Early pregnancy loss is the most common complication of human pregnancy. Such commonality requires dependable evaluation tools and informed, standardized criteria for accurate diagnosis. A brief perusal of the data on which most of the practitioners who treat women who are newly pregnant have based their recommendations for the sonographic diagnosis of a non-viable pregnancy raises significant concern since most of these data are based on relatively small patient numbers . Further, recent studies have shown that the measurements used to determine historically-accepted criteria have fairly wide patient-to-patient, hyphenate intra-observer and interobserver variability. This makes the inclusion of investigations based upon small patient numbers even more problematic. This unfortunate combination poses an important problem because the diagnosis of failed pregnancy has immense implications to the physical health of the mother and to the emotional well-being of the mother, her partner, her family and her close friends. The criteria for diagnosing a non-viable pregnancy must have a specificity that is as close to 100% as possible. Still, using commonly accepted historical sonographic criteria; authors have shown that between 1 in 100 and 4 in 100 viable pregnancies might be erroneously deemed non-viable. If these incorrect diagnoses lead to immediate interventions, some pregnancies will be inadvertently terminated. Such outcomes are unacceptable. There should be near zero tolerance for misdiagnosis. Increased awareness of this too common problem has led to efforts to improve our diagnostic accuracy and has required a stringent re-evaluation of historical diagnostic criteria using investigations that include much larger study populations that have been evaluated using the most sensitive, commonly-available diagnostic modalities.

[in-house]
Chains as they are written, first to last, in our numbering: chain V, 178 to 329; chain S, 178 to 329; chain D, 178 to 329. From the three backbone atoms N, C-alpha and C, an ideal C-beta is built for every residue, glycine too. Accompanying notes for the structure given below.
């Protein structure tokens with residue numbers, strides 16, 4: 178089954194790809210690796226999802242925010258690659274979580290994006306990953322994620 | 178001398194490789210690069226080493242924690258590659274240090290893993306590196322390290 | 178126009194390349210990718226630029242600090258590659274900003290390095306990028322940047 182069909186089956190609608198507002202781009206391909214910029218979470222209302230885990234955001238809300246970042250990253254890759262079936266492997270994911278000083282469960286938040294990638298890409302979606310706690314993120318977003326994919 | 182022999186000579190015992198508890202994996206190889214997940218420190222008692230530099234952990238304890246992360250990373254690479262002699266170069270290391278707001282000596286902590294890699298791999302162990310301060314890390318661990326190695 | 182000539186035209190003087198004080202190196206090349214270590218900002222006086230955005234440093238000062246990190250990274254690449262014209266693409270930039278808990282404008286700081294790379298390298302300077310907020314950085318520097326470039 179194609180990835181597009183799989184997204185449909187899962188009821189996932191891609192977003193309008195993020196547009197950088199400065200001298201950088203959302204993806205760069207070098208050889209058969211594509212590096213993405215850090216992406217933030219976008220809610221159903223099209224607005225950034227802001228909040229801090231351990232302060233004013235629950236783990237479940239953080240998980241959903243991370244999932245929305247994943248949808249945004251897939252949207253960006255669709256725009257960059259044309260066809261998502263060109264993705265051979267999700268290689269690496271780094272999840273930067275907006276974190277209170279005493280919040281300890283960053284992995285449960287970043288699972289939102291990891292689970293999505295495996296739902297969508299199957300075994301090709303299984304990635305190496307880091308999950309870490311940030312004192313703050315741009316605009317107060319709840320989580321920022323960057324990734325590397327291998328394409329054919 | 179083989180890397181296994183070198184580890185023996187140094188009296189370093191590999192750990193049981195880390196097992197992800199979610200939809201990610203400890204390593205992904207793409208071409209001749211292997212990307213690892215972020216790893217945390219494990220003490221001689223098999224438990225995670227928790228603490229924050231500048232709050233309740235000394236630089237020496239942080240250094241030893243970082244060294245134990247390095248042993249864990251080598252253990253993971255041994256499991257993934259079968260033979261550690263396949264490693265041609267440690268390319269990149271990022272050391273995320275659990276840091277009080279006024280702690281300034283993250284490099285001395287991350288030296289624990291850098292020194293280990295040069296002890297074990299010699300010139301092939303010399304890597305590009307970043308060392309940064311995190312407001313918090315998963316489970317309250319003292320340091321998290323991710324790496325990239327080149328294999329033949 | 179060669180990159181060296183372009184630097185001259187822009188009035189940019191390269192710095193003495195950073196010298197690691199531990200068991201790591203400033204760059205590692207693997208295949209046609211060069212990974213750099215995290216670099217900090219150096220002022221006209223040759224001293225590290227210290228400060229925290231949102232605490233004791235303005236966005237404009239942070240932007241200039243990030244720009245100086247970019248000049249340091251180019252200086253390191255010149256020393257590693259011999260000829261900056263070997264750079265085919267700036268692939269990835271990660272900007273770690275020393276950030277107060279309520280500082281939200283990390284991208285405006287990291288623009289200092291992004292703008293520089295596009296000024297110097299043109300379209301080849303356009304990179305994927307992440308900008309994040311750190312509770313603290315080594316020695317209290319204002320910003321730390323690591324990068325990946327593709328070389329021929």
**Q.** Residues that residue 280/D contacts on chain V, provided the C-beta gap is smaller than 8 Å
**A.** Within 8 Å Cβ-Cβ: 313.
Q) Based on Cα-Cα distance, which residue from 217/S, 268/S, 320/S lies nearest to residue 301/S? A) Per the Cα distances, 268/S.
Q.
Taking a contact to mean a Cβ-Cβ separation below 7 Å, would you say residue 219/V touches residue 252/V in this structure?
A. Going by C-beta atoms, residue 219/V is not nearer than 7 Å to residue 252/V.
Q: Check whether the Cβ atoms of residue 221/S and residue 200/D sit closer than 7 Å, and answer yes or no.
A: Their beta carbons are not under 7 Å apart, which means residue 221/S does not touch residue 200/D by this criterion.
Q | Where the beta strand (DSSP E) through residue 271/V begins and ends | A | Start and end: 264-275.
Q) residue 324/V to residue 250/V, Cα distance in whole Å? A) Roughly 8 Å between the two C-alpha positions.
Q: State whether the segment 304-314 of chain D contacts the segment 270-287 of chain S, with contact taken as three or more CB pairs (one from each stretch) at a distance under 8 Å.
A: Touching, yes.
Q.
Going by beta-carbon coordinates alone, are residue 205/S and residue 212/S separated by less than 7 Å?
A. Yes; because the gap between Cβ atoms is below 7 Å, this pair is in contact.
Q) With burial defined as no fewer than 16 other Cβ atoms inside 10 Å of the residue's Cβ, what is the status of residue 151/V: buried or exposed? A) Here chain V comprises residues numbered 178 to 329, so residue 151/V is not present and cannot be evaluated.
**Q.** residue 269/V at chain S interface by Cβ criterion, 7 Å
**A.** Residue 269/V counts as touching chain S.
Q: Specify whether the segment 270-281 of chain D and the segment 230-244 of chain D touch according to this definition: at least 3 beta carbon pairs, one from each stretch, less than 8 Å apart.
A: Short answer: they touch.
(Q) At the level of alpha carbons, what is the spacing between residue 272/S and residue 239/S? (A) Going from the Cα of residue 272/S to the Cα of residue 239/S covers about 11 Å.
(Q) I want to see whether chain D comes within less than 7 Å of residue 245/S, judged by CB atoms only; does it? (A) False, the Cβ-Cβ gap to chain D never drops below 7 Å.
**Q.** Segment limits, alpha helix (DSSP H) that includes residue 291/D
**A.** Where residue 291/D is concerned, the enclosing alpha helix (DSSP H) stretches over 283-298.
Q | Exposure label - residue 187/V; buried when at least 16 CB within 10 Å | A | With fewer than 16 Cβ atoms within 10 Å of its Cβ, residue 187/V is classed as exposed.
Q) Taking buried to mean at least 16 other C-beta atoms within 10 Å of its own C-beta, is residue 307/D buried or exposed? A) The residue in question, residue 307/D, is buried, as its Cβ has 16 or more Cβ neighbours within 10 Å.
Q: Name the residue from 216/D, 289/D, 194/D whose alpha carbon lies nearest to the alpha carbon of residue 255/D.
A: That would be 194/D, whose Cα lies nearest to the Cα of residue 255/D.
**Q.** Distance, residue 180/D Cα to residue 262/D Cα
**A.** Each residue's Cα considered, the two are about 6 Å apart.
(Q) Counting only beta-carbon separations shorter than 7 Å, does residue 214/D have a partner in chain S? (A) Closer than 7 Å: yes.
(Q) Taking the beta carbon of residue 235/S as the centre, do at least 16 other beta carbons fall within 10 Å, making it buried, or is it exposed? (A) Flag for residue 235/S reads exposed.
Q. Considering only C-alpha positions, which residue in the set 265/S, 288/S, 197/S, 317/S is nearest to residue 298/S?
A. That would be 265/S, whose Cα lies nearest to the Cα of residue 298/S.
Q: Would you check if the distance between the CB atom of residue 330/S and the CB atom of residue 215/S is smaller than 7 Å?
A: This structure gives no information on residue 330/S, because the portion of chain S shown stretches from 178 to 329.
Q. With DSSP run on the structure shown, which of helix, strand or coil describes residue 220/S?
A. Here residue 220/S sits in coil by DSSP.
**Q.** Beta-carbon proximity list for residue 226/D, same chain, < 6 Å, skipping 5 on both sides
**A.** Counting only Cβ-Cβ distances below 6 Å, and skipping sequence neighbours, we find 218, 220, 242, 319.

Last date updated on September, 2014